Saturday, May 11, 2013

Scapular fractures after reverse total shoulder

Scapular fractures after reverse shoulder arthroplasty: evaluation of risk factors and the reliability of a proposed classification.

Four of the six authors of this paper received payments from the company making a reverse total shoulder (RSA) and the study was funded by this company.

The authors identified 53 patients with scapular fractures after RSA and compared them to 212 control patients. The location of these fractures can be classified as (1) lateral acromion, (2) posterior to the AC joint and (3) scapular spine. They did not consider the first type. These fractures could be difficult to identify on plain films if they are not displaced.  Of note is that the average time from surgery to diagnosis of the fracture was 15 months. The risk of fracture was significantly increased in patients with osteoporosis. Fractures of the scapular spine tended to occur around the fixation screws.

Comment: Recognizing that patients needing reverse shoulder arthroplasty have reduced use of their shoulders prior to surgery with resulting disuse atrophy of the bone. This may be superimposed on osteoporosis, in that many patients are elderly females (over 80% in this report). The reverse total shoulder enables a sudden and dramatic increase in the loads applied to the scapular and also has the potential to weaken it with screw placement. These loads are increased if the deltoid is put under a lot of tension by distal translation of the shoulder. Additional loading may result from the patient's beginning to use the shoulder for assistance in rising from a chair or from use of walker, cane or crutch.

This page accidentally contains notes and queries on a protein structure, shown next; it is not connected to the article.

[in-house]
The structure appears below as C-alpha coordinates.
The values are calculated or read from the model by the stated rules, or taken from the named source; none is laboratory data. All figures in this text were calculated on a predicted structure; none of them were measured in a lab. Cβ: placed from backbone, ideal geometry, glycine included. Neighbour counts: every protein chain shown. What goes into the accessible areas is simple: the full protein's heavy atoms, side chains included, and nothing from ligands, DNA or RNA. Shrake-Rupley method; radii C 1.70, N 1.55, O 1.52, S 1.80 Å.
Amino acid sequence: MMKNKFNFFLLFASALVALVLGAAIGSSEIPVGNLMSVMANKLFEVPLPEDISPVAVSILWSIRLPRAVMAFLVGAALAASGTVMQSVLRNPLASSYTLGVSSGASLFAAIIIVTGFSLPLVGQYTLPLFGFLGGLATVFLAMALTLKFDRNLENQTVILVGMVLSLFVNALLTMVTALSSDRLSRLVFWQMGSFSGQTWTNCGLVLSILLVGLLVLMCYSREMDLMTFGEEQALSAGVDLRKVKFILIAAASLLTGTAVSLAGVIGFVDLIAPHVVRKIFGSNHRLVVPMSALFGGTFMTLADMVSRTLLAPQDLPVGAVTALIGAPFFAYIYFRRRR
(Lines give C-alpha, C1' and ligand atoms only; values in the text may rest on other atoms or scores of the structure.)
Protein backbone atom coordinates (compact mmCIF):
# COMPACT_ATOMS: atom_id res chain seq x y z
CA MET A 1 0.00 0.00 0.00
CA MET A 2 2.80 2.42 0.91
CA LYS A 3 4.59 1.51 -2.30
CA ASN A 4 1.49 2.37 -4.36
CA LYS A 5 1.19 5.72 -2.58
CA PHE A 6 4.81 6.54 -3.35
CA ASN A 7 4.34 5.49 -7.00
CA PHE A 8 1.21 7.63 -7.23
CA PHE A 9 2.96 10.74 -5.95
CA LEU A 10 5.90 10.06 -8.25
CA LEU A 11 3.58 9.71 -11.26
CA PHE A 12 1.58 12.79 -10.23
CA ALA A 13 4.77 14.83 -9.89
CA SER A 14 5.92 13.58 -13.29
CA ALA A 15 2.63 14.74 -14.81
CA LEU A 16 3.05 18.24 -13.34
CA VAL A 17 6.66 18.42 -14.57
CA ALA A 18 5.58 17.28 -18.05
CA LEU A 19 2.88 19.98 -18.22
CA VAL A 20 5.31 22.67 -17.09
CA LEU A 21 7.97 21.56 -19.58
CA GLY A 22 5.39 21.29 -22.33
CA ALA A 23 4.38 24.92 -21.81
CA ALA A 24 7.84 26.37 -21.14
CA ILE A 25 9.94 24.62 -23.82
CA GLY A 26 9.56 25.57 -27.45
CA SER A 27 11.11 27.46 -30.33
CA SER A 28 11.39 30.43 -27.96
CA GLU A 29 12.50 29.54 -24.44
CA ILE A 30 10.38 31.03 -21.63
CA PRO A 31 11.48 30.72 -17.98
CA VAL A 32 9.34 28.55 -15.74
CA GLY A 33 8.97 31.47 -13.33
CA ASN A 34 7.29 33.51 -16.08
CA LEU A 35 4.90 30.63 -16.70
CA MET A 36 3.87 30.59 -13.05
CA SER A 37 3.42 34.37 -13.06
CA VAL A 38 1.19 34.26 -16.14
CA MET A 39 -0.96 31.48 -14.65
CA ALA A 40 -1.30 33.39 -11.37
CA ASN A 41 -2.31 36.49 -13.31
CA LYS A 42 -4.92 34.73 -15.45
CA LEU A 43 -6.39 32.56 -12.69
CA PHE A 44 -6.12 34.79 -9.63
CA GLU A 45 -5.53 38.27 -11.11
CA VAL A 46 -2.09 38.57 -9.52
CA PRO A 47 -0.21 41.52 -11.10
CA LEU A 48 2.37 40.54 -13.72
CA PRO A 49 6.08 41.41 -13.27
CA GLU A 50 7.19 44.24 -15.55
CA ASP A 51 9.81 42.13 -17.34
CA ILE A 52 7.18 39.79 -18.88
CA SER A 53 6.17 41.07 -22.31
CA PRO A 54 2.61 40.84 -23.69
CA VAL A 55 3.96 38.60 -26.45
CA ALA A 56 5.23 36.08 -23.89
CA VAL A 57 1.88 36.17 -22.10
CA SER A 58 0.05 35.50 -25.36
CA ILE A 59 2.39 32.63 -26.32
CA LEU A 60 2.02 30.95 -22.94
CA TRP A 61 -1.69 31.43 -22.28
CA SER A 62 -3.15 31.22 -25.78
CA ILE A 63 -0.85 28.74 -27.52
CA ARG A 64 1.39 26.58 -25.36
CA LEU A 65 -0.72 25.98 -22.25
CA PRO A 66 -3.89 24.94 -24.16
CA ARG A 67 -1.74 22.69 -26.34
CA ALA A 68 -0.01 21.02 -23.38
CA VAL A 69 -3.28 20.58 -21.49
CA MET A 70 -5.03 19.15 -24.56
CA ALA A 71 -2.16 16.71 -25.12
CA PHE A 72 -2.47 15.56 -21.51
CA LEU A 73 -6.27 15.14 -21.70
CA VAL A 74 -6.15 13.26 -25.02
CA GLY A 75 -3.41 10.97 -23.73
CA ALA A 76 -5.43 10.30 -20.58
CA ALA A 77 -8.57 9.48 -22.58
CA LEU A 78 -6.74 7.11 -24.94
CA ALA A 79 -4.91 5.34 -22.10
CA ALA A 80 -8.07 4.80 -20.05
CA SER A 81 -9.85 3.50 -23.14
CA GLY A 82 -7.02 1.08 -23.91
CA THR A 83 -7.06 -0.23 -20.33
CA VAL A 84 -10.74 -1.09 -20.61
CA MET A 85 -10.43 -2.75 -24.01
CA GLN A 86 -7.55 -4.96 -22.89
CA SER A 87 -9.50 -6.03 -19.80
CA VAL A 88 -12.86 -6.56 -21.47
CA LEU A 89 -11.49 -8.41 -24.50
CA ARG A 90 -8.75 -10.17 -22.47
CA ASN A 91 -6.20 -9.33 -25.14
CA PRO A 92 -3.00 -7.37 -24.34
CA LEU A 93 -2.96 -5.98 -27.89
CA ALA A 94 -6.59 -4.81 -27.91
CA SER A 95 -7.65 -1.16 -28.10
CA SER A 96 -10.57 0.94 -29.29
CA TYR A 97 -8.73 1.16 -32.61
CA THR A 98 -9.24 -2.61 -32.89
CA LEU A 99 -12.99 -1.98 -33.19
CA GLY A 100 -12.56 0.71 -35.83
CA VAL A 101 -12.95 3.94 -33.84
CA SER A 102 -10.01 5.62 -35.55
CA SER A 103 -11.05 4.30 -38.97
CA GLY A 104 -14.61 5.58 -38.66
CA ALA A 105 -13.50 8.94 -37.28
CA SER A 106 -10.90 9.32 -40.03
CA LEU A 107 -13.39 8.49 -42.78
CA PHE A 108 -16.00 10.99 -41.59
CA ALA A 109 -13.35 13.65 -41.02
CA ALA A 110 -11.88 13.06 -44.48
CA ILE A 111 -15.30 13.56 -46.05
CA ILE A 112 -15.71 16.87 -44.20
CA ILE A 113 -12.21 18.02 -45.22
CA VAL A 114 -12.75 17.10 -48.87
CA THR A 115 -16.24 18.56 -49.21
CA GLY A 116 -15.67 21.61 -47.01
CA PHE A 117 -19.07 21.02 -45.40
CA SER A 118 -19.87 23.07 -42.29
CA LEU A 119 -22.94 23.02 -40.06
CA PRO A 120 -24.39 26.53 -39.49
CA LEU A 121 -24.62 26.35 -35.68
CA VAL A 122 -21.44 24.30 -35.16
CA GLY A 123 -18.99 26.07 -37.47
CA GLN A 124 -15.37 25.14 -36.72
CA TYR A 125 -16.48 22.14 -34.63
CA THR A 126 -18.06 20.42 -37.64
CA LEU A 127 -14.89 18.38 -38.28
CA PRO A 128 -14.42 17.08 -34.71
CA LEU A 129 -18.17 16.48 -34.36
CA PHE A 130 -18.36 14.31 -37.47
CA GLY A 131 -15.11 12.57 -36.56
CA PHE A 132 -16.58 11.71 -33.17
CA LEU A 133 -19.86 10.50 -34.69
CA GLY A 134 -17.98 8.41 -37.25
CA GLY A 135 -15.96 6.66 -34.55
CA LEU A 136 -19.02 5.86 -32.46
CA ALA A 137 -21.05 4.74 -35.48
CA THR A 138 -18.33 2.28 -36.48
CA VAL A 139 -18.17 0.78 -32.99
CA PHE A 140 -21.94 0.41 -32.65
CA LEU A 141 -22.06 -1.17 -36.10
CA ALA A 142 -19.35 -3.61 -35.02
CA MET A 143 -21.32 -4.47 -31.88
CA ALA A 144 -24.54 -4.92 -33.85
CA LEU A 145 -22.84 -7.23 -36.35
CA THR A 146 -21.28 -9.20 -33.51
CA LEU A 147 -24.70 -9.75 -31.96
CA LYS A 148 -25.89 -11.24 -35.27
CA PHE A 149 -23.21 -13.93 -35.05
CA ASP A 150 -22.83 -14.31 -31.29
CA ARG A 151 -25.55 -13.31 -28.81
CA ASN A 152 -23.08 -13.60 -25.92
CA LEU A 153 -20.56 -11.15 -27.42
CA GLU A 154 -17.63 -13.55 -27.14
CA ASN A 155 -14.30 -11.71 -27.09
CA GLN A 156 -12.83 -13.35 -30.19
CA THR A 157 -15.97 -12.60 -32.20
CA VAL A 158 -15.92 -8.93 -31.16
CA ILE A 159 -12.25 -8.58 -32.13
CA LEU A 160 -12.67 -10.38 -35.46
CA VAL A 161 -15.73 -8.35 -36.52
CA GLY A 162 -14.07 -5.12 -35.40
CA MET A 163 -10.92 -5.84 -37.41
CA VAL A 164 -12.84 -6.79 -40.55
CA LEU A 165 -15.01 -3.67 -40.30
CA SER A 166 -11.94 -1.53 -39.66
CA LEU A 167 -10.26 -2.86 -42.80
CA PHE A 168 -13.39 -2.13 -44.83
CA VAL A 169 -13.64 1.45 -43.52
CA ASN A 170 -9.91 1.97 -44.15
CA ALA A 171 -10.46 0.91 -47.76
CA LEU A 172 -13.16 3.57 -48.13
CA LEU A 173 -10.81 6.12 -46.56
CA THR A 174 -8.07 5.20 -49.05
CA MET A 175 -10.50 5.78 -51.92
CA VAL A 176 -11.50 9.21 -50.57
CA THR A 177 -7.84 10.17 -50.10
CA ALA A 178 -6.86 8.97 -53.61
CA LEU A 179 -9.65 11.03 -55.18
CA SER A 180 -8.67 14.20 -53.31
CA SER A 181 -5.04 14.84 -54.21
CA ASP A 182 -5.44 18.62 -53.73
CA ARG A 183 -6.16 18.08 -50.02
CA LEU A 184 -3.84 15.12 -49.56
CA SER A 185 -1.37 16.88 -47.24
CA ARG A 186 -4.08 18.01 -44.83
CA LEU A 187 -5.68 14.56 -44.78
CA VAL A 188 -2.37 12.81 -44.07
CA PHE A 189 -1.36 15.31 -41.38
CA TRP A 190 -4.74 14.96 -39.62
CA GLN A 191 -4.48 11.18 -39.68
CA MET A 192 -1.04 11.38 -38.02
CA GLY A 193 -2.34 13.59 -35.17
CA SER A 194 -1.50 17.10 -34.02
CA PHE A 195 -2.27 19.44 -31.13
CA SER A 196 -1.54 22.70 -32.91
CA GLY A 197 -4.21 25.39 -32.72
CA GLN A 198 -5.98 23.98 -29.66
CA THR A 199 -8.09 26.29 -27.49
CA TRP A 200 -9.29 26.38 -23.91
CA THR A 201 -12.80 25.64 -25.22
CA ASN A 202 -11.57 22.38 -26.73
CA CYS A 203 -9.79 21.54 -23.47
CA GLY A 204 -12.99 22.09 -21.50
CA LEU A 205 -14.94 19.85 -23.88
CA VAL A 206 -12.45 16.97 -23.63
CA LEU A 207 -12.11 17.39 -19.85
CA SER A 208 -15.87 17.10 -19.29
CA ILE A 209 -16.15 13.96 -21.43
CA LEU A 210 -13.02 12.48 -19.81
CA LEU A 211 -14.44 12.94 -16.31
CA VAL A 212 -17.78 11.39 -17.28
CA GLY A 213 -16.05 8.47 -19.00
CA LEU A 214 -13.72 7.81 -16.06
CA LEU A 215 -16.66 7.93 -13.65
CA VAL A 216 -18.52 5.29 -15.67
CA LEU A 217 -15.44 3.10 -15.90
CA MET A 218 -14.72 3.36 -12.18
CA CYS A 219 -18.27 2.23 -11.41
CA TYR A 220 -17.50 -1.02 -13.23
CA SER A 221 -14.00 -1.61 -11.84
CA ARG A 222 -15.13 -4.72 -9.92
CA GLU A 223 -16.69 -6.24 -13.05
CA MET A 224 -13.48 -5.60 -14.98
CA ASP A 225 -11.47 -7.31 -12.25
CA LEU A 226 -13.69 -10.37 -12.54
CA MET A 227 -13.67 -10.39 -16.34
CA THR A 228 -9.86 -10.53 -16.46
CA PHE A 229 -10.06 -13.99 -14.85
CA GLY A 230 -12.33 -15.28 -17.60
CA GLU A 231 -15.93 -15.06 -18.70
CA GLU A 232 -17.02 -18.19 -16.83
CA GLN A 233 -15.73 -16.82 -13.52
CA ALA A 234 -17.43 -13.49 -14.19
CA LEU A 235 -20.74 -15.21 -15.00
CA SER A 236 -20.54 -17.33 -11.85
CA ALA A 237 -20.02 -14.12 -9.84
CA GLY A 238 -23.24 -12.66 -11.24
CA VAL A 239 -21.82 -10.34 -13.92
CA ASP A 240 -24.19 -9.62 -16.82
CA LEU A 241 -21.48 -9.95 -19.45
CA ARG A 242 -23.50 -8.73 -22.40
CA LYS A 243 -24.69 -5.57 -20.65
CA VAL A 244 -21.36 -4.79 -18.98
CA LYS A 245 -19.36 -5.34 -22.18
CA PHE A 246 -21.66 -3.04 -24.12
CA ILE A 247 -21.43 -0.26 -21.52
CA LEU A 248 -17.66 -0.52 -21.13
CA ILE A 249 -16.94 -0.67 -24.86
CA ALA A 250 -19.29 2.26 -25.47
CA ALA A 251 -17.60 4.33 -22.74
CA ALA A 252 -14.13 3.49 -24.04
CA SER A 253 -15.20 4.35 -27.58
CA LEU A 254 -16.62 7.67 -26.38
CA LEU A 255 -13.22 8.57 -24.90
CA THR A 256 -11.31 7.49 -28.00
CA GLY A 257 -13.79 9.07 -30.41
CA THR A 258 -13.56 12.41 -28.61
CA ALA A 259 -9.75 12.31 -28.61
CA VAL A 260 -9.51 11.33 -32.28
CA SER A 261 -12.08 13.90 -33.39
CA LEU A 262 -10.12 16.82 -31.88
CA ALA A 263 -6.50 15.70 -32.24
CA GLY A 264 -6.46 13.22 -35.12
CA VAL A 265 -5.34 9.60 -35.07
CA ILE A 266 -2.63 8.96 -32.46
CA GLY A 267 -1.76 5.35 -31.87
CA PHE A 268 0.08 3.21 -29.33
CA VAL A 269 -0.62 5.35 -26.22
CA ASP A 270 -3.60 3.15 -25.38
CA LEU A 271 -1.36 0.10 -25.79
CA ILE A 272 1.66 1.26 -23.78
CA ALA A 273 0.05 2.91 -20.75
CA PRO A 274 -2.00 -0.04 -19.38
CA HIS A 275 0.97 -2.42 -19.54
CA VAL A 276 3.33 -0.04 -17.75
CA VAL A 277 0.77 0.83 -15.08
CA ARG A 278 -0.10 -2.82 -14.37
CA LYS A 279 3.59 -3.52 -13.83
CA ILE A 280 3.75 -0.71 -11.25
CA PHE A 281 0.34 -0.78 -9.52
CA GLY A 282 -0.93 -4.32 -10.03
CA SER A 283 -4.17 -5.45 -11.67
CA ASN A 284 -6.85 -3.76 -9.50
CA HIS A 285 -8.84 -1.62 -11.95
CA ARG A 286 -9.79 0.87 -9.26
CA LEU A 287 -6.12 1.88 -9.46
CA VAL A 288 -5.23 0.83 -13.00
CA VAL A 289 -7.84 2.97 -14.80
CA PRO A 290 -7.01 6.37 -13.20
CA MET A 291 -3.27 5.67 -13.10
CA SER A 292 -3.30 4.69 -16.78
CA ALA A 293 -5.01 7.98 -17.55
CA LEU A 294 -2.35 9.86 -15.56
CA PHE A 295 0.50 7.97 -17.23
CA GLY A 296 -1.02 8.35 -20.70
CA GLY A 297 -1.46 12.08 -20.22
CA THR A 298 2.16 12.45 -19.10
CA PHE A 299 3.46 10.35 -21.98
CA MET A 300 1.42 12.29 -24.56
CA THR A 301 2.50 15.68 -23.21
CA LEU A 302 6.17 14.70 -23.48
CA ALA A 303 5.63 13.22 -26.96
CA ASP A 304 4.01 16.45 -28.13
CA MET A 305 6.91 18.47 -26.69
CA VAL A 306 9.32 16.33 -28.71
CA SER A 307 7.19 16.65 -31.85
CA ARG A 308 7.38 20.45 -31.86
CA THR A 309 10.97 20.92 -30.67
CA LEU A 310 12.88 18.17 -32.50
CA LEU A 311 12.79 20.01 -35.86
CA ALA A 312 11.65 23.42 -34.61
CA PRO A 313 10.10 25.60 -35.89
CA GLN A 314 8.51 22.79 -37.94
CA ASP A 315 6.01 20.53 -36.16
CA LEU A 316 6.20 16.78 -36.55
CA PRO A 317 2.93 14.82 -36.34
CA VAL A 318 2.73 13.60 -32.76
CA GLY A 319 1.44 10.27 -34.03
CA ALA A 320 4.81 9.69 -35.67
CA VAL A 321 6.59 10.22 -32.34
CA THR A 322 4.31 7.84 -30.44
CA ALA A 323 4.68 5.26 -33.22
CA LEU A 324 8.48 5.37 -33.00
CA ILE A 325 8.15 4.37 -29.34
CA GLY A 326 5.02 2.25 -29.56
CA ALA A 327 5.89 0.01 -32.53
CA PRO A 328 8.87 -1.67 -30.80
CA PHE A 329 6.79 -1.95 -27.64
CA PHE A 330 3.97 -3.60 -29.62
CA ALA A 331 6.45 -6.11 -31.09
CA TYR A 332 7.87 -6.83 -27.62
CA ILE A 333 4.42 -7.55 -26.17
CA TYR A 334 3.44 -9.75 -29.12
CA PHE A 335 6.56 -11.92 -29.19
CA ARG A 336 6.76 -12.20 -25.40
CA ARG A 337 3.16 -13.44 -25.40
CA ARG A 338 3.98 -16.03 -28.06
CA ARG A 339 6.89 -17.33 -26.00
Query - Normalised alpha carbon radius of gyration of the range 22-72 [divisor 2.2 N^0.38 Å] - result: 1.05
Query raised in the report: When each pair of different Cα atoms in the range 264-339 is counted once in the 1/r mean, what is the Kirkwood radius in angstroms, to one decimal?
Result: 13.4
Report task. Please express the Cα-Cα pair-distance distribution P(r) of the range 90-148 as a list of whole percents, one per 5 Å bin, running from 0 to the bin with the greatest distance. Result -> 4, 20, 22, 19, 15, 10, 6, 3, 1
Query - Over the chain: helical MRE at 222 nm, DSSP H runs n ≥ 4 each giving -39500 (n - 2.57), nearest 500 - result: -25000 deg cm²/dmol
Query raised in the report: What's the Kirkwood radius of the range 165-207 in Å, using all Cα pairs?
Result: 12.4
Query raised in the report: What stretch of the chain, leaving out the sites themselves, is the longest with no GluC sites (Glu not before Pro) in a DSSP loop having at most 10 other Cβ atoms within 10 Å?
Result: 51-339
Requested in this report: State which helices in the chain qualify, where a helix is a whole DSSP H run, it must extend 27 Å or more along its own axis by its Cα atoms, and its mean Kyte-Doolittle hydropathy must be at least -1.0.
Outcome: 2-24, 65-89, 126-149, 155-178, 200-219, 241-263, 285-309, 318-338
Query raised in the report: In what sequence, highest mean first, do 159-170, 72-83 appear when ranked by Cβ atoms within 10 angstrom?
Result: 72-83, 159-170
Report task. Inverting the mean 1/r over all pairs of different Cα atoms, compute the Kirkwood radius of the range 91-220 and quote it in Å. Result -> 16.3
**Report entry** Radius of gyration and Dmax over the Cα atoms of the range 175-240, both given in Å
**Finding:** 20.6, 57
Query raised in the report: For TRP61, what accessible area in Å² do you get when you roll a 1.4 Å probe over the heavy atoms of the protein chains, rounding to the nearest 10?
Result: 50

Our practice is to advise patients of the risk of these fractures and to recommend a very gradual increase in arm use after RSA, especially in the presence of osteoporosis. If the patient presents with scapular pain at any time after this procedure, we find that clinical examination for scapular spine or acromial tenderness is very sensitive, perhaps more sensitive that imaging. These patients are advised to reduce activities while we monitor their progress.

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